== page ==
At The Armenian Cafe, chefs have mastered the delicate art of adaptation. Their far-reaching menu spans the meals of an entire day, incorporating many entrees that seem American at first glance, but have actually been injected with Mediterranean flair. What appear to be crunchy chips are toasted segments of pita bread; breakfast omelets can contain gyro meat and falafel in addition to morning meat staples; and pieces of cured Armenian beef sausage dapple mozzarella and feta cheese on the soujouk pizza. Even desserts receive the fusion treatment, with layers of baklava filo dough sandwiching the creamy filling of an Armenian cheesecake.
Of course, the kitchen also produces recognizable classics of the culinary genre. The chefs closely guard the secret marinade that flavors their rack of lamb, just as they do the recipe for the garlic house dip—curious diners have only managed to discover that it does not, in fact, contain spaghetti. Shish kebabs and pita sandwiches, on the other hand, flaunt housemade tannouri pita bread and pair well with sips of Armenian coffee and sights of belly dancing on Friday and Saturday. From 2008 to 2012, this mix of the inventive with the traditional has helped the café win first-place or runner-up status from CityVoter for Best Mediterranean.
At Al's Cafe in the Village, diners get their french toast Hawaiian-style and covered in Cap'n Crunch. Simple twists to classic comfort food like this keep diners on their toes as chefs cook up a menu of Hawaiian-inspired and traditional American eats. Breakfast platters come steaming from the kitchen all day, from five types of eggs benedict with ingredients including house-smoked salmon, to 12 different types of omelets. Afternoon meals include Angus burgers crowned with green chilis, traditional Hawaiian loco moco with hamburger patties on rice, or any of the lengthy menu's 13 sandwiches, including one layered with Carolina turkey breast, fresh pineapple spears, and center-cut bacon. The eatery is eminently kid-friendly, but grownups will be pleased with Al’s selection of beer, wine, and champagne served in glass sippy cups.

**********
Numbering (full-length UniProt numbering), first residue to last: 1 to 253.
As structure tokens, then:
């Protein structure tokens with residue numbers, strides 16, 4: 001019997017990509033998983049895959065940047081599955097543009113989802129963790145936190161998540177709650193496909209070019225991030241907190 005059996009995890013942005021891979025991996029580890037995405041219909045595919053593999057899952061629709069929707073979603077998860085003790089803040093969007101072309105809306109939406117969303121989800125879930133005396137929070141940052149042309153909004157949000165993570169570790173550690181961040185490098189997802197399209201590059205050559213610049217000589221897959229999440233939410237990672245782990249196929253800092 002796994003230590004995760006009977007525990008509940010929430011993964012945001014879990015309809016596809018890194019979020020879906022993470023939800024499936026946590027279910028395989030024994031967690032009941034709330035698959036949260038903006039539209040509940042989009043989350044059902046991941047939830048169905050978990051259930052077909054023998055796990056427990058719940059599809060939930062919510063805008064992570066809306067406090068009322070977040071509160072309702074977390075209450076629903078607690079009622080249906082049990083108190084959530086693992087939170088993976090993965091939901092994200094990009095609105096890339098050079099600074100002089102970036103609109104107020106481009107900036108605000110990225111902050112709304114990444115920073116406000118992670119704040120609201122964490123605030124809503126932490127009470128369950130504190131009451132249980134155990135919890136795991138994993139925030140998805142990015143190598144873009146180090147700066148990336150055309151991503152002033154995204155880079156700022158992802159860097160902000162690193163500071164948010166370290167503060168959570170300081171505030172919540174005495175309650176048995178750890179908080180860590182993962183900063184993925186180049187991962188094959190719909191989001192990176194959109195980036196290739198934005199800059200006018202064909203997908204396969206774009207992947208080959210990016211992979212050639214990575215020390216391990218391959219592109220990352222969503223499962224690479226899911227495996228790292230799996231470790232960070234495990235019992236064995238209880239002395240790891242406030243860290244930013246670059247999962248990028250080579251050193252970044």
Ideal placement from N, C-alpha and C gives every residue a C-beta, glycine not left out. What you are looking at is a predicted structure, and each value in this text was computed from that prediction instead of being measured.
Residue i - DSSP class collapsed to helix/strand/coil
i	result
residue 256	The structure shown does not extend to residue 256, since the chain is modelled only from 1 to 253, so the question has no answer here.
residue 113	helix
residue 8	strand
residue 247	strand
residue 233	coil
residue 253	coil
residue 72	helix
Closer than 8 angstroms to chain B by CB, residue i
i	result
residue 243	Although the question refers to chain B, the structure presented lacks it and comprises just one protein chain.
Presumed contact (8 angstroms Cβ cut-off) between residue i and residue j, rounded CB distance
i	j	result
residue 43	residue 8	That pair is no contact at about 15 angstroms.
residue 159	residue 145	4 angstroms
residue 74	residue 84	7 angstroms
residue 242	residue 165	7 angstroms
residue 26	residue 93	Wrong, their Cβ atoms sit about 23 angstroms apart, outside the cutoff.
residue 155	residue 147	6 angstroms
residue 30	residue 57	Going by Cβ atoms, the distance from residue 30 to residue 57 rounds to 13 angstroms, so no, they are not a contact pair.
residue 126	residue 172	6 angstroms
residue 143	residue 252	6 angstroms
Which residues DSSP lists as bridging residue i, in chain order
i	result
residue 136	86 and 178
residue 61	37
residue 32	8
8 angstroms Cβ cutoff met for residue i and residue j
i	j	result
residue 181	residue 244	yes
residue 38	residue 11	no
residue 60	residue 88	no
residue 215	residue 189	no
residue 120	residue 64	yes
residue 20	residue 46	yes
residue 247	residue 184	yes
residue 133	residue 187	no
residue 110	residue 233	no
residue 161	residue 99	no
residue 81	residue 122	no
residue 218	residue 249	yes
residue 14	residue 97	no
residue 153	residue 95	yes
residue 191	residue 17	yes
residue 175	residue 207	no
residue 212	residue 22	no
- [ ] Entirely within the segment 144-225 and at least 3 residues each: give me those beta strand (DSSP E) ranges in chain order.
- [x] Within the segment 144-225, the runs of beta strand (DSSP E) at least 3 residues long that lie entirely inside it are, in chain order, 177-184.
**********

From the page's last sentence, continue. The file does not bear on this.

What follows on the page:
Jerry has dedicated his life to the pursuit of a good dog. After discovering the burst of flavor that resulted from roasting one of America's favorite foods, hot dogs, over a wood fire, he developed his wood-fired recipes with the help of a master sausage maker. Now, Jerry's Wood-Fired Dogs serves an expansive menu of all-beef hot dogs, internationally inspired sausages, and hefty Steakhouse Burgers loaded with more than 30 free toppings and sauces. For enjoyment outside the dinning room, Jerry's goes a step beyond carryout by offering on-site catering services with Jerry's signature wood-fire grill.
At Mediterranean Café, chefs inject Californian flair into a dinner menu of hefty meat-based and vegetarian table-toppers inspired by Middle Eastern and southern European entrees. Munching patrons and overly involved life coaches tear mushrooms, plum tomatoes, artichoke hearts, zucchini, and onions from the roasted vegetable medley ($13.50), which is planted atop basmati rice and served with minted cucumber-yogurt sauce. Identical trimmings add pizzazz to the kifta kebab ($16), starring beef kissed with spices, onions, and parsley, and fig spread camouflages the pancetta and fig pizza's ($15) thin crust from competitive eaters in training, cradling roasted chicken breast, pancetta, gorgonzola crumbles, mozzarella, and veggies.
At Ignite, chefs hand-sculpt specialty Angus burgers and pitch Neapolitan-style pizzas into a wood-fired oven. Caputo flour and San Marzano tomatoes import the flavors of Italy to the menu's authentic pizzas, topped with wild cremini mushrooms and roasted garlic ($10.95 for lunch; $12.95 for dinner) or artichoke hearts and homemade mozzarella cheese ($11.95; $13.95). Made from 100% Angus beef, the huntsman burger ($11.25) slays hunger pangs with a stack of hickory bacon, caramelized onions, and stilton huntsman cheese on a brioche bun, all served under a wooden box propped up with a stick. Sandwiches made with freshly baked flatbread ($8.95) anchor the lunch menu, and for dinner, seared scallops pair with a pecan wild-rice pilaf in light lemon sauce ($18.95). During either meal, diners can sit inside, where TV screens and artwork surround a 360-degree bar, or move to the outdoor patio, staring into the stone fire pit's mystical flames for visions of the latest stocks and hockey scores.
According to Zagat, the portions of breakfast plates at Broken Yolk Cafe can be "obscene"—although one could also consider them generous. Sometimes, these sizes are even considered a challenge. In 2010, Man Vs. Food's Adam Richman paid the restaurant a visit to tackle its infamous Iron Man Special: a 12-egg omelet, topped with chili and piled onto a 15-inch pizza pan.
Opened in 1979, Broken Yolk has spent decades fine-tuning its southwestern recipes—many enigmatically named for people such as "Betty" and "Tony G". Alongside steaming breakfast burritos and griddled buttermilk pancakes, the menu features nearly 20 omelets stuffed with fresh ingredients such as beef chorizo, avocado, and mushroom sauce. Shredded hash-browns are crafted from fresh potatoes, and the salsa is handmade each day. Until its official closing time at 3 p.m., Broken Yolk also serves sandwiches and half-pound Angus burgers. The local chain's six locations each feature their own private banquet room and secret underground passage to one of the other restaurants.